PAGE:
One of the very first features of Sophos UTM that grabbed me as a seriously cool feature is the Sophos RED device integration.
The RED or Remote Ethernet Device is a small box you deploy to your remote sites, and it establishes a VPN back to your central Sophos UTM so that anything connected to the RED is seen as part of your network. The concept is not new, but the ease of implementing it, and the elimination of remote side configuration is what makes it really cool.
Once your RED is configured all of your devices on the remote site can be set to browse the Internet through your central UTM. This allows you to have a consistent user security profile across all of your sites. It also means all users, regardless of site can be reported on with the same infrastructure.
Unfortunately there are no virtual RED devices, so you have to get the hardware. The good thing is that they are relatively inexpensive. There are currently two models. The RED 10 and RED 50. They are purchased as a once off cost with no annual subscription required.
You also need an Internet break out at your remote site. Anything that can connect to the Internet and provide a DHCP address to the RED device plugged into it will do. This means you can theoretically use any router regardless of the medium such as a DSL, VSAT, T1, T3, ISDN, and 3G.
What is really nice here is that you can switch ISP or even the routers themselves, without needing to reconfigure anything on the RED or the UTM.
You need a central Sophos UTM that has a fixed public name and/or IP address, and a full guard license. This would typically be located at your head office or data center. To get a fixed public name even from a dynamic connection, read our article on Configuring Dynamic DNS on Sophos UTM.
The RED devices are design to be both tamper proof and fool proof. There are no buttons or configuration options on the box. The units are all solid-state components with no fans or moving parts and they have a sturdy steel case.
**A note on the internal network: ** If your site is small and you only need to connect 4 devices, you can patch them directly into the RED. If however you have multiple devices you can connect them to a standard switch and patch that into the RED. A personal favorite of mine is to extend the connectivity by using a Sophos Wi-Fi AP.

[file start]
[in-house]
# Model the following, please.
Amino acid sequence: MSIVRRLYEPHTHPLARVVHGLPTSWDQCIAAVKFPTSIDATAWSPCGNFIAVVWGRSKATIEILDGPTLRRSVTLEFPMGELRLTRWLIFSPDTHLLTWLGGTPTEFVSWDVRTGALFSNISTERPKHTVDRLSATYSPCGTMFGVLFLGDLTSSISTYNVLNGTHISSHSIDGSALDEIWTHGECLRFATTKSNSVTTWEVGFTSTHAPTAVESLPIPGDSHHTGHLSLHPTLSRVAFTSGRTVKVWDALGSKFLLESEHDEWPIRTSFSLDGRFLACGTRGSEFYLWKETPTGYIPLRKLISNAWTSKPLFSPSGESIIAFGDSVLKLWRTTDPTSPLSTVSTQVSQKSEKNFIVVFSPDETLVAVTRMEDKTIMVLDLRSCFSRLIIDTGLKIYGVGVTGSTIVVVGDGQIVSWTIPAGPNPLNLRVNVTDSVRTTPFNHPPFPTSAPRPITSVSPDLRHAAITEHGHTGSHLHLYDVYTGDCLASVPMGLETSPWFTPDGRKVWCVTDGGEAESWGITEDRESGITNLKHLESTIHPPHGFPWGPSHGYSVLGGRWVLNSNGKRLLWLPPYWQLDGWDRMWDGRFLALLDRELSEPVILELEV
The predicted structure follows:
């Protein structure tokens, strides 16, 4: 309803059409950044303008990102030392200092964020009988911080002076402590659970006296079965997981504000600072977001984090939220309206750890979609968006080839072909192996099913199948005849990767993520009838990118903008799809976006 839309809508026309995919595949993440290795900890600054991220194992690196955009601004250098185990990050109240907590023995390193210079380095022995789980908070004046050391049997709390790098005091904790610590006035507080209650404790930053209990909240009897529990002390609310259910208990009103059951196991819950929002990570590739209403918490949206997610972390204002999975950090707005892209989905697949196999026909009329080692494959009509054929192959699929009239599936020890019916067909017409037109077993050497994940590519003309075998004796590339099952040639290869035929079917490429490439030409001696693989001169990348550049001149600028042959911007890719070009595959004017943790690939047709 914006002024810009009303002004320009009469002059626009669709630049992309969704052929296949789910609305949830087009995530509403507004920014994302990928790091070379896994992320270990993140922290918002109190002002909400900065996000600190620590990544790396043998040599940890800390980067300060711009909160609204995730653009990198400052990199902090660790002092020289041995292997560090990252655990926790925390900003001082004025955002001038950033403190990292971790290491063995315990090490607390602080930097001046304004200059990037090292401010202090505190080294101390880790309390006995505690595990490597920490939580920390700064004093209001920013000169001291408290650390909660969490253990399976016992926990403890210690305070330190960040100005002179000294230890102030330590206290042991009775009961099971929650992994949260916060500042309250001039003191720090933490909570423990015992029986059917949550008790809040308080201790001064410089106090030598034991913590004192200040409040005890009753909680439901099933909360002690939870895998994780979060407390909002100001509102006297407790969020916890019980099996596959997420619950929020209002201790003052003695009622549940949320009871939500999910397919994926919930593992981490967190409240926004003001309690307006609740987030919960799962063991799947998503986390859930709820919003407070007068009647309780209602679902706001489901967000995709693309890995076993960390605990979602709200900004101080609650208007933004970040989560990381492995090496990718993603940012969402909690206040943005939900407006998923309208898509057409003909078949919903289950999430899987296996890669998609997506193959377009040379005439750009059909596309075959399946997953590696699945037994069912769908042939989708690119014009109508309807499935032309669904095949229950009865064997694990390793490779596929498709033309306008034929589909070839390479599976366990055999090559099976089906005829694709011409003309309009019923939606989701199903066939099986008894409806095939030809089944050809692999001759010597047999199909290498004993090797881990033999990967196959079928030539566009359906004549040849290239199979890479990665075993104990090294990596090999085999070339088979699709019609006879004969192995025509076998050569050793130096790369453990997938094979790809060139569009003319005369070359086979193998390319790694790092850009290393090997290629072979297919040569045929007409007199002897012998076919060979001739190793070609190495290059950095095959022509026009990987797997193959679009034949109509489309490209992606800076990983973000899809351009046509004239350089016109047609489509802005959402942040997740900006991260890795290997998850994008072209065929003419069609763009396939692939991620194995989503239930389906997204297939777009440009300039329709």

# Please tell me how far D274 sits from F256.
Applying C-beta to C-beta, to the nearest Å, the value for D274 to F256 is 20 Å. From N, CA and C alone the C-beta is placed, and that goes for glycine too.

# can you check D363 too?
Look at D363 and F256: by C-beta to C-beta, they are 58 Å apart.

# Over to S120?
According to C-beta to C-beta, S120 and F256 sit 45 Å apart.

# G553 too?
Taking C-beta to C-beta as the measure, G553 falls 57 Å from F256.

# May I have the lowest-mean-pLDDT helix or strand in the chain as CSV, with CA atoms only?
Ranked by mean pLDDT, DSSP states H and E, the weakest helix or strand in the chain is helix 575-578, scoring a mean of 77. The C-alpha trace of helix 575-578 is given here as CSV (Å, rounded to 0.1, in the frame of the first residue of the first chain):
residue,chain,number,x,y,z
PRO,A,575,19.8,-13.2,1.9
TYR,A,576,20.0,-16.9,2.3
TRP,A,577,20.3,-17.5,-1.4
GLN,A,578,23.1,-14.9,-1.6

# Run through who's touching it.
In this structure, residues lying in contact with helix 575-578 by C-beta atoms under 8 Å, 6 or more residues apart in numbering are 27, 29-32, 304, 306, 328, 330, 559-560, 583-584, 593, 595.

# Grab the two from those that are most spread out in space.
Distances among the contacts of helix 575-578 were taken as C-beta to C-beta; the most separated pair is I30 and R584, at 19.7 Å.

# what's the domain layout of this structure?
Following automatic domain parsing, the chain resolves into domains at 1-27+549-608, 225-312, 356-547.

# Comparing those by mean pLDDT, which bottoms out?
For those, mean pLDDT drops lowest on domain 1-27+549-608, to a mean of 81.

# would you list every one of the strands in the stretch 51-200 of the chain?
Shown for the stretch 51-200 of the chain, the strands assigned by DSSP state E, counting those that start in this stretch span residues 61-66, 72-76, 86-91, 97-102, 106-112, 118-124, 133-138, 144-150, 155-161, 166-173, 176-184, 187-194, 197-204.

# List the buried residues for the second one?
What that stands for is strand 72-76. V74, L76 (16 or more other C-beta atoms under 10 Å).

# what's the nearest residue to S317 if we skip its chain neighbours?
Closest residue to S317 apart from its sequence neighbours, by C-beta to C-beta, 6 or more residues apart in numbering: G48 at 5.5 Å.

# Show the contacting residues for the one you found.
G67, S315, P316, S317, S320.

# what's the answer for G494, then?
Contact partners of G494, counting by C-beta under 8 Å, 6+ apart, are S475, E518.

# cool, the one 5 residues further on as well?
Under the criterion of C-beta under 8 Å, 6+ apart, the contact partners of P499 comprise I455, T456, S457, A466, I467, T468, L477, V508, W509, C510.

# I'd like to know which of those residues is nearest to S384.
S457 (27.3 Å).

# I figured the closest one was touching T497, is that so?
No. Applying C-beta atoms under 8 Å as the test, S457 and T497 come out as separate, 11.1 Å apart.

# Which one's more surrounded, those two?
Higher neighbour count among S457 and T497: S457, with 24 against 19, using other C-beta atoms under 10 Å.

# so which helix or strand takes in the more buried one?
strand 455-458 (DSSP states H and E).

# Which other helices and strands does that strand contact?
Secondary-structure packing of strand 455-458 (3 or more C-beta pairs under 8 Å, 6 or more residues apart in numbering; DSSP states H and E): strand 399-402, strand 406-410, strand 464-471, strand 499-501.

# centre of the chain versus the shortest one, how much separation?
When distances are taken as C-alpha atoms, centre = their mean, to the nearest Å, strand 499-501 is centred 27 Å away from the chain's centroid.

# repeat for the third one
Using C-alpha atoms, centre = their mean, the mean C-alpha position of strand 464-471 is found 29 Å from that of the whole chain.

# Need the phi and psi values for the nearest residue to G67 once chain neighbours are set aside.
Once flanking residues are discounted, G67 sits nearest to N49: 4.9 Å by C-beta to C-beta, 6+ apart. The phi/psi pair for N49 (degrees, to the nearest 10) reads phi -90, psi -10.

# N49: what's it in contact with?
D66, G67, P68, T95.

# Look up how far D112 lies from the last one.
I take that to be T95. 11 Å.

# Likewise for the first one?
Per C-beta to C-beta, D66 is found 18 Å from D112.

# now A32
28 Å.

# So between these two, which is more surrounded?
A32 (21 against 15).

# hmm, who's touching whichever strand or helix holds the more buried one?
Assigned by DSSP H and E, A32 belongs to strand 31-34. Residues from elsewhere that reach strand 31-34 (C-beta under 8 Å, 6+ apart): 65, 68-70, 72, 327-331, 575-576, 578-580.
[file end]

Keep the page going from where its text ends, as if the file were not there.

All of the settings for the RED are configured on your central Sophos UTM. That’s right, if you want to change something like DHCP on the remote site, the change is made on the UTM, and the RED simply inherits the configuration.
In the background, the configuration you just specified is uploaded to the Sophos provisioning cloud. When your RED device connects to the Internet, it will go to the Sophos cloud, identify itself with its unique RED ID and check for a configuration. It will then download it and configure itself according to the settings.
The RED device and the endpoint devices connected to it are now able to connect to your Sophos UTM, but not the internal network (yet). The reason is that you have not given the RED network any access to the rest of the private network.
You can be very specific about what you want to allow and deny, but let’s set up a rule where we explicitly trust our remote site and give them access to everything on the internal network.
In the Sophos UTM Web Admin, you will notice an additional interface now exists for the Sophos RED device. There is also a network definition for it auto created by the Sophos RED provisioning.
To grant access to the rest of the network perform the following steps.
A nice thing here is that any additional REDs that are added later can simply be added to this existing rule. You can, but you do not need to, define separate access rules per site.
If your Sophos UTM is the default gateway for your internal network, everything should be working. If it is not your default gateway, you need to define a masquerading rule. To do this:
In my testing, from the time the RED is first powered on, to when the tunnel is up and usable is about 8 minutes. During this time it will update it's firmware and configure itself. Again no actions are taken on the remote site other than having plugged the RED device in.
Subsequent reboots only take about 1-2 minutes before the tunnel up and running again.
When you connect a device to the RED it gets a DHCP address and it has access to the internal network!
You can check on the status of your RED by looking at the Overview tab in RED Management, and open the live log to look further into the actions being performed on the RED.
This has been a very brief introduction to the RED and how to get up and running. They are amazing little devices that allow you to reliably and securely expand you network by adding additional external sites. The fact that they can accommodate almost any Internet connection makes them a key component if you are considering expansion over a heterogeneous WAN.
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